A Morecambe doctor who had sex with a patient on a home visit escaped being struck off after a tribunal ruled his actions were ‘not predatory.’
Dr Mustak Kapadia seduced the patient with classical music and a massage when he paid her a house call, the Medical Practitioners Tribunal Service (MPTS) heard.
The doctor admitted sending a string of saucy texts to the patient after treating her at Strawberry Gardens Medical Practice but denied a string of other allegations relating to the relationship.
He claimed it was “banter” or “seaside humour” but said she had invented the “disgusting” allegations.
When accused of lying under cross-examination by defence barrister Irshad Sheikh, the woman broke down in tears and said she was willing to go on the Jeremy Kyle Show to prove her story was true.
She later stormed out of the hearing in scenes reminiscent of the daytime show.
But she was spared the trouble of contacting the talk show host when the panel believed her story and found the medic’s fitness to practise impaired by reason of misconduct.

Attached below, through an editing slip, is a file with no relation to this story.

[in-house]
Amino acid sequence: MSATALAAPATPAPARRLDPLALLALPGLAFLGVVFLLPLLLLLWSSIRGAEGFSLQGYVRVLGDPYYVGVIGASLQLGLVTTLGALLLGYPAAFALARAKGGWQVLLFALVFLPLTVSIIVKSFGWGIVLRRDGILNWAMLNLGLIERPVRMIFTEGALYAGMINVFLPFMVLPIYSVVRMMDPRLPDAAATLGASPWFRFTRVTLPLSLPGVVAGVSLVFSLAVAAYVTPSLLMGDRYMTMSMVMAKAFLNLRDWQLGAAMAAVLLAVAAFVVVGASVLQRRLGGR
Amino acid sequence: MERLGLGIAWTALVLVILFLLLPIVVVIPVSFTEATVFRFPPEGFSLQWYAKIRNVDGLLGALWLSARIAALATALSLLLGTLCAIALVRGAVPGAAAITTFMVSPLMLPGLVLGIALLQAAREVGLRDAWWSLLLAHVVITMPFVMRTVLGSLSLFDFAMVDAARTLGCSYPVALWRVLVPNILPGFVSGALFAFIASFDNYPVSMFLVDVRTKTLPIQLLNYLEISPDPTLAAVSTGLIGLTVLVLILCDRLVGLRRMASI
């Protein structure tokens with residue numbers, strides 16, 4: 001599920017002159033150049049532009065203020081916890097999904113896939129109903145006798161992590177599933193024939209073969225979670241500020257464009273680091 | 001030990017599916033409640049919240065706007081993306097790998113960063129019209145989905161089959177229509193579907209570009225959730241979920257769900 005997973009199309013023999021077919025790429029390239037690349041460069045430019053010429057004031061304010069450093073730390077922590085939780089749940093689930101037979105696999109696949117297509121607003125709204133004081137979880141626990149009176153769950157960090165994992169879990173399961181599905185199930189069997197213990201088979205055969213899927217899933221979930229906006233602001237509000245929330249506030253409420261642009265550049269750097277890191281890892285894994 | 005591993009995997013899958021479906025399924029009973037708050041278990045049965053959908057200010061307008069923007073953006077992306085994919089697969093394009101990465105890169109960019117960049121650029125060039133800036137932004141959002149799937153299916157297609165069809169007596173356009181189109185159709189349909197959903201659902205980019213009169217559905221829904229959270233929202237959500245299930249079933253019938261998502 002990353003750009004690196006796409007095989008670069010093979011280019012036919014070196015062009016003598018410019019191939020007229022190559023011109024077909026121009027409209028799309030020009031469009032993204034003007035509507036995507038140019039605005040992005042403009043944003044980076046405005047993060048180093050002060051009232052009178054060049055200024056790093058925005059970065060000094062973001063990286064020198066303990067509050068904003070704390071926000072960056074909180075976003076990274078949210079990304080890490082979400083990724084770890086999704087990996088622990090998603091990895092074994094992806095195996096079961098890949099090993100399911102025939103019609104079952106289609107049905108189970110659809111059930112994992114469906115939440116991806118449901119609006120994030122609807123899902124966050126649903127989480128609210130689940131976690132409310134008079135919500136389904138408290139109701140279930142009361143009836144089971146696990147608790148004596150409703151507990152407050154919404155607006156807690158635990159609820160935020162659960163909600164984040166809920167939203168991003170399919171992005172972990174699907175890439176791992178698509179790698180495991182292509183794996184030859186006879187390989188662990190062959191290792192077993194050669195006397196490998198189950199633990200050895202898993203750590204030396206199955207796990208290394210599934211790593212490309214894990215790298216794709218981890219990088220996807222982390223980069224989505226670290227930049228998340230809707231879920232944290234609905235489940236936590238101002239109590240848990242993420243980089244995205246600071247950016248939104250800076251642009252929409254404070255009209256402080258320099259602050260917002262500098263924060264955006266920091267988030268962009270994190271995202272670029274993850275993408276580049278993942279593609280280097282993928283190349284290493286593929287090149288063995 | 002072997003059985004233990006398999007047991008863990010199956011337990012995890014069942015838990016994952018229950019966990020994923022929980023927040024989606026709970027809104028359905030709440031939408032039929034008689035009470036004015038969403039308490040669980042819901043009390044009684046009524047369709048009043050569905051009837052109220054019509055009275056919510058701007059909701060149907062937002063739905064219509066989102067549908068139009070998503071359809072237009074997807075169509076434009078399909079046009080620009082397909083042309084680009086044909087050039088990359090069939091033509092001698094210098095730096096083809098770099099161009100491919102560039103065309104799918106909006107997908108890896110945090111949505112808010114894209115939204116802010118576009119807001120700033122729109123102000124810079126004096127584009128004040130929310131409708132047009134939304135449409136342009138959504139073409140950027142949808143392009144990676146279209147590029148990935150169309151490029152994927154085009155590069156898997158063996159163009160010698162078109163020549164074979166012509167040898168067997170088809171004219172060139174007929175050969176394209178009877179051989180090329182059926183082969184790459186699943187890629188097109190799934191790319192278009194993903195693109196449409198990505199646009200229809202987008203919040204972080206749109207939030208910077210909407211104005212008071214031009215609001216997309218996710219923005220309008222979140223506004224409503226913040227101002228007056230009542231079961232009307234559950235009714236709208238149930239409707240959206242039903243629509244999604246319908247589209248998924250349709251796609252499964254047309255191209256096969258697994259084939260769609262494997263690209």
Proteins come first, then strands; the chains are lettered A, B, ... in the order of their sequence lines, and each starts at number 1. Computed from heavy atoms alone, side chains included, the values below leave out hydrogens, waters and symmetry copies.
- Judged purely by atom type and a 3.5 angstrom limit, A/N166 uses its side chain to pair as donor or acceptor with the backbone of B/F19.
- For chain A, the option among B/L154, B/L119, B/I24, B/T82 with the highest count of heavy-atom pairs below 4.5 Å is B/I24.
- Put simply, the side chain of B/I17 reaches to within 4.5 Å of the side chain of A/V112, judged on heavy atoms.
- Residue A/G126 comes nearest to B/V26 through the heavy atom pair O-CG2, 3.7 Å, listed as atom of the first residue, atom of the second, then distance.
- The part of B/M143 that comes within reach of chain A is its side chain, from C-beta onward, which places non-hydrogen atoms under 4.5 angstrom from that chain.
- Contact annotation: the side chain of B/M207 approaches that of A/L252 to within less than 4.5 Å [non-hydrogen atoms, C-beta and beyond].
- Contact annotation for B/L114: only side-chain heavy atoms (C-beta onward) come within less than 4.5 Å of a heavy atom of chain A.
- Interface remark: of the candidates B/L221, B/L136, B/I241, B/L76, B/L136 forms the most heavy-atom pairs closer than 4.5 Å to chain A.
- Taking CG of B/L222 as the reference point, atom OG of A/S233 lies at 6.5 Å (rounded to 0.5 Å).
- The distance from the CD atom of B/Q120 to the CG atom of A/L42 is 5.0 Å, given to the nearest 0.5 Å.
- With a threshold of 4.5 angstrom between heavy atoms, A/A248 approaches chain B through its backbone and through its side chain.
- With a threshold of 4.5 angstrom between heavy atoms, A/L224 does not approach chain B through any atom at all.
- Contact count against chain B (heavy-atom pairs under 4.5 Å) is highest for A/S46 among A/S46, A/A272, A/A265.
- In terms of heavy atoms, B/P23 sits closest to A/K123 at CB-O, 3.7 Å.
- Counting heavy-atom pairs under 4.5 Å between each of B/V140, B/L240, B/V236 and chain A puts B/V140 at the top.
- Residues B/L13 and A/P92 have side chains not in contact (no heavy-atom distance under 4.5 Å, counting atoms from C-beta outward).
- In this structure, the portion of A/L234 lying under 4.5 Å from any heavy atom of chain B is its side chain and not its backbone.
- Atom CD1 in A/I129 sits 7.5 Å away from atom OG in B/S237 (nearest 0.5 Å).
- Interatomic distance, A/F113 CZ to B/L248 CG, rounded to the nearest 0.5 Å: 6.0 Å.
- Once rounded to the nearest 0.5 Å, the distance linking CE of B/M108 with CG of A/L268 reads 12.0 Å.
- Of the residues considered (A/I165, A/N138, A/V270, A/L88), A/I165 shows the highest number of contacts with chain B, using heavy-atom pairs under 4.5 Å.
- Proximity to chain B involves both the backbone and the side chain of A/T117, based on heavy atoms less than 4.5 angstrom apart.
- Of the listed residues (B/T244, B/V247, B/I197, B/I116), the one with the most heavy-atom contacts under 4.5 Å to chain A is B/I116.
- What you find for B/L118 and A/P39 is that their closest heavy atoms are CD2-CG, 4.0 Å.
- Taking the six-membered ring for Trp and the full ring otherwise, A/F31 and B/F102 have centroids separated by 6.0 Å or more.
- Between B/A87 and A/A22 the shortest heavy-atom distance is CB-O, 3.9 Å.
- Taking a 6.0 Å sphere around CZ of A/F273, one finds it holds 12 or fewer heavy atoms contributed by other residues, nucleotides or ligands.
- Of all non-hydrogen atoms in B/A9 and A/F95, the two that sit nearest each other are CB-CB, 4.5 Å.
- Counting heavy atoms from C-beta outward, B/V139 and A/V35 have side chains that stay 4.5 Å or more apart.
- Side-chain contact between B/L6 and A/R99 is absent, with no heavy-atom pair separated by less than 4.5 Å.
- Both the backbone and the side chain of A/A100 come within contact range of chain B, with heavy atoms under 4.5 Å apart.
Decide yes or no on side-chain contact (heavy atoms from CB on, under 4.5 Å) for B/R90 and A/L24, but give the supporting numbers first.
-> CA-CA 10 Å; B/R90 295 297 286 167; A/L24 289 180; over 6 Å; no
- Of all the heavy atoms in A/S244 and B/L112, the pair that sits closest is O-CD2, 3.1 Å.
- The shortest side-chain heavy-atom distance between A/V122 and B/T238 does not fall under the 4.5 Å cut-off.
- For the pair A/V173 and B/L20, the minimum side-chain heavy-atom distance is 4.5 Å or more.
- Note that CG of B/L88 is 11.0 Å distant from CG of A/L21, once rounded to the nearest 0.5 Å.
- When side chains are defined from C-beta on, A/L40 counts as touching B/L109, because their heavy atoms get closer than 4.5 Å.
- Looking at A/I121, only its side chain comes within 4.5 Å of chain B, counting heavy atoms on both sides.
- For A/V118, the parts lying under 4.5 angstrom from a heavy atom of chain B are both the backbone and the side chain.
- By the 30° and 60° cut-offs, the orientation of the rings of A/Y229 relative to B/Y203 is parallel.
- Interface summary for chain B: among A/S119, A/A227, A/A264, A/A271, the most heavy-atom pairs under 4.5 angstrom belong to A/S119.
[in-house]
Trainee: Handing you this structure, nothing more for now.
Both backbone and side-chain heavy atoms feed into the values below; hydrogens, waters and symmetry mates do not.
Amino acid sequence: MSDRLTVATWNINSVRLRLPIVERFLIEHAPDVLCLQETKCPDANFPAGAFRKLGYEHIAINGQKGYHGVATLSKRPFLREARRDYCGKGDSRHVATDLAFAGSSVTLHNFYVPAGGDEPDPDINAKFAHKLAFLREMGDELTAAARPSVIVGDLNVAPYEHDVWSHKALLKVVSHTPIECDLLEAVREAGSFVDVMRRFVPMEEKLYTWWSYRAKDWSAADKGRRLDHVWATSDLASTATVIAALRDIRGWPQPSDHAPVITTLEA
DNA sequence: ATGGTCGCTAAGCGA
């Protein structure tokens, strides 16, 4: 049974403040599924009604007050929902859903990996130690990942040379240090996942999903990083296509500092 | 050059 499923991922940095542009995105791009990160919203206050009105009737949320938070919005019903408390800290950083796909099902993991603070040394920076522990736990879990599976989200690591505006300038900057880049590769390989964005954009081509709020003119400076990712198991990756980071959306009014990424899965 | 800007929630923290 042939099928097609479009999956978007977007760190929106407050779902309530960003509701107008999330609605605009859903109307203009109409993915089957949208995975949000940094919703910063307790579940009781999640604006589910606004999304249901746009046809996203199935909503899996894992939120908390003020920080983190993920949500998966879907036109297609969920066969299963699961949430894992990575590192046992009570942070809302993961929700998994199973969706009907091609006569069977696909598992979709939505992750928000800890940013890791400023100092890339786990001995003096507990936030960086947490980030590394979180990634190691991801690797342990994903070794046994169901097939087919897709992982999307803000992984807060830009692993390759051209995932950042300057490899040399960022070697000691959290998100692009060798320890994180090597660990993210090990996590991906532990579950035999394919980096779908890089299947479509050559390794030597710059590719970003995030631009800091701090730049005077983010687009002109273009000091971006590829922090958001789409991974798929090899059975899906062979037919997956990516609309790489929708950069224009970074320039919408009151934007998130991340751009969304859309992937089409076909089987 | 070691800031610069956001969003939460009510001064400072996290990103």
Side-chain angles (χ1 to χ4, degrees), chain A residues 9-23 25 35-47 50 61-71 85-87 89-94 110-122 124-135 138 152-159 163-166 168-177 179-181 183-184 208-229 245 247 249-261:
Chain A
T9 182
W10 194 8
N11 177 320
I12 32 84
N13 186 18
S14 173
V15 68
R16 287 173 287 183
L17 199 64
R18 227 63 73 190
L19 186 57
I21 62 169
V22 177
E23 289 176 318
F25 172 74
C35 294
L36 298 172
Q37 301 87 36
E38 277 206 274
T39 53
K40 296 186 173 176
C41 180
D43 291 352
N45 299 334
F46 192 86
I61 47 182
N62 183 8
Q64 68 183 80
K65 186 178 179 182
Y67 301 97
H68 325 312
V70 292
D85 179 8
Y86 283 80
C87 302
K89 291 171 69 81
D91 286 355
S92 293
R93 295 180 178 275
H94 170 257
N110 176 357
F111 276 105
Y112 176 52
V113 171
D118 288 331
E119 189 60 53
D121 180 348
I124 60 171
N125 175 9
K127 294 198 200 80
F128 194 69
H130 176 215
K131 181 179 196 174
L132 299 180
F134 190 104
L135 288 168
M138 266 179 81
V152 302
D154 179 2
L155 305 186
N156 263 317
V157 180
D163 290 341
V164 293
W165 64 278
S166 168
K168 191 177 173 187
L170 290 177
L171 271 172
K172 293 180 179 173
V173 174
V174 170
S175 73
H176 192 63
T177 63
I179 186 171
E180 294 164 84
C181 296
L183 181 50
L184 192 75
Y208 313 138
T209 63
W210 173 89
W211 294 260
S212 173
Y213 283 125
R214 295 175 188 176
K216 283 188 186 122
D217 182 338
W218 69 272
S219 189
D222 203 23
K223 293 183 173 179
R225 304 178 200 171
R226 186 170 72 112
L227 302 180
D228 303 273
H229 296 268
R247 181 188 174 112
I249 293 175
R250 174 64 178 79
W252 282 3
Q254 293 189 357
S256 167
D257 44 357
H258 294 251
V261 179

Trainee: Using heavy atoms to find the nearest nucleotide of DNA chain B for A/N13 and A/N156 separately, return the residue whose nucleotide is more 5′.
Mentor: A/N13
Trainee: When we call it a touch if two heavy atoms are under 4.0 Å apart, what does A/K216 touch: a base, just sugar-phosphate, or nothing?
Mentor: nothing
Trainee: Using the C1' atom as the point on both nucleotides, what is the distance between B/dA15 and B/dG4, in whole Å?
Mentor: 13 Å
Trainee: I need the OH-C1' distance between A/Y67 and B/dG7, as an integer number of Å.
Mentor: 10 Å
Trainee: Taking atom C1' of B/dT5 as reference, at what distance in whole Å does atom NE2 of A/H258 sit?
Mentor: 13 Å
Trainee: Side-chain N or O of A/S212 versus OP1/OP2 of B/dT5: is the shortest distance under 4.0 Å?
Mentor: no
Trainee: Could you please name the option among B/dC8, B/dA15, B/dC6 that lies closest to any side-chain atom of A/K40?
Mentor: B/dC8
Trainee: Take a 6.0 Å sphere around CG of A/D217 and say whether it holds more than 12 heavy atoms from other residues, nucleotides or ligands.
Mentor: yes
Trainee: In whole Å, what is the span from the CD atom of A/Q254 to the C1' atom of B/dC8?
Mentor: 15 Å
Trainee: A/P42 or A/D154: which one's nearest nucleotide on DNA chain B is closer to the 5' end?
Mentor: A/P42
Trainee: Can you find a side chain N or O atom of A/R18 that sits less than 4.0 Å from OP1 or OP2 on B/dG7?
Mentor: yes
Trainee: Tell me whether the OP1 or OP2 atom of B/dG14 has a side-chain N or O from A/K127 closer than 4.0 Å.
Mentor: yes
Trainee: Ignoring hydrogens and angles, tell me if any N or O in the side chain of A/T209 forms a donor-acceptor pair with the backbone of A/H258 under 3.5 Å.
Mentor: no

Bernadette Baxter, for the General Medical Council (GMC), had called for him to be struck off for his “sexual misconduct” but the MPTS panel, chaired by Karen Heenan, decided it would be “disproportionate to strike him off”.
Suspending the doctor for 12 months, Ms Heenan told Kapadia: “(The panel) considers your conduct in visiting Patient A, a vulnerable patient, at home on four occasions without recording those visits, engaging in inappropriate text messages, inappropriate conversation, putting your arm around her and engaging in a sexual act to be a serious breach of good medical practice.
“However, it accepts that your sexual misconduct was confined to a single patient and not related to clinical consultations.”
The medic was suspended in 2008 after admitting he had self-prescribed more than £2,000 worth of drugs.
Kapadia will have to attend a review hearing before he can return to unrestricted work following the ban.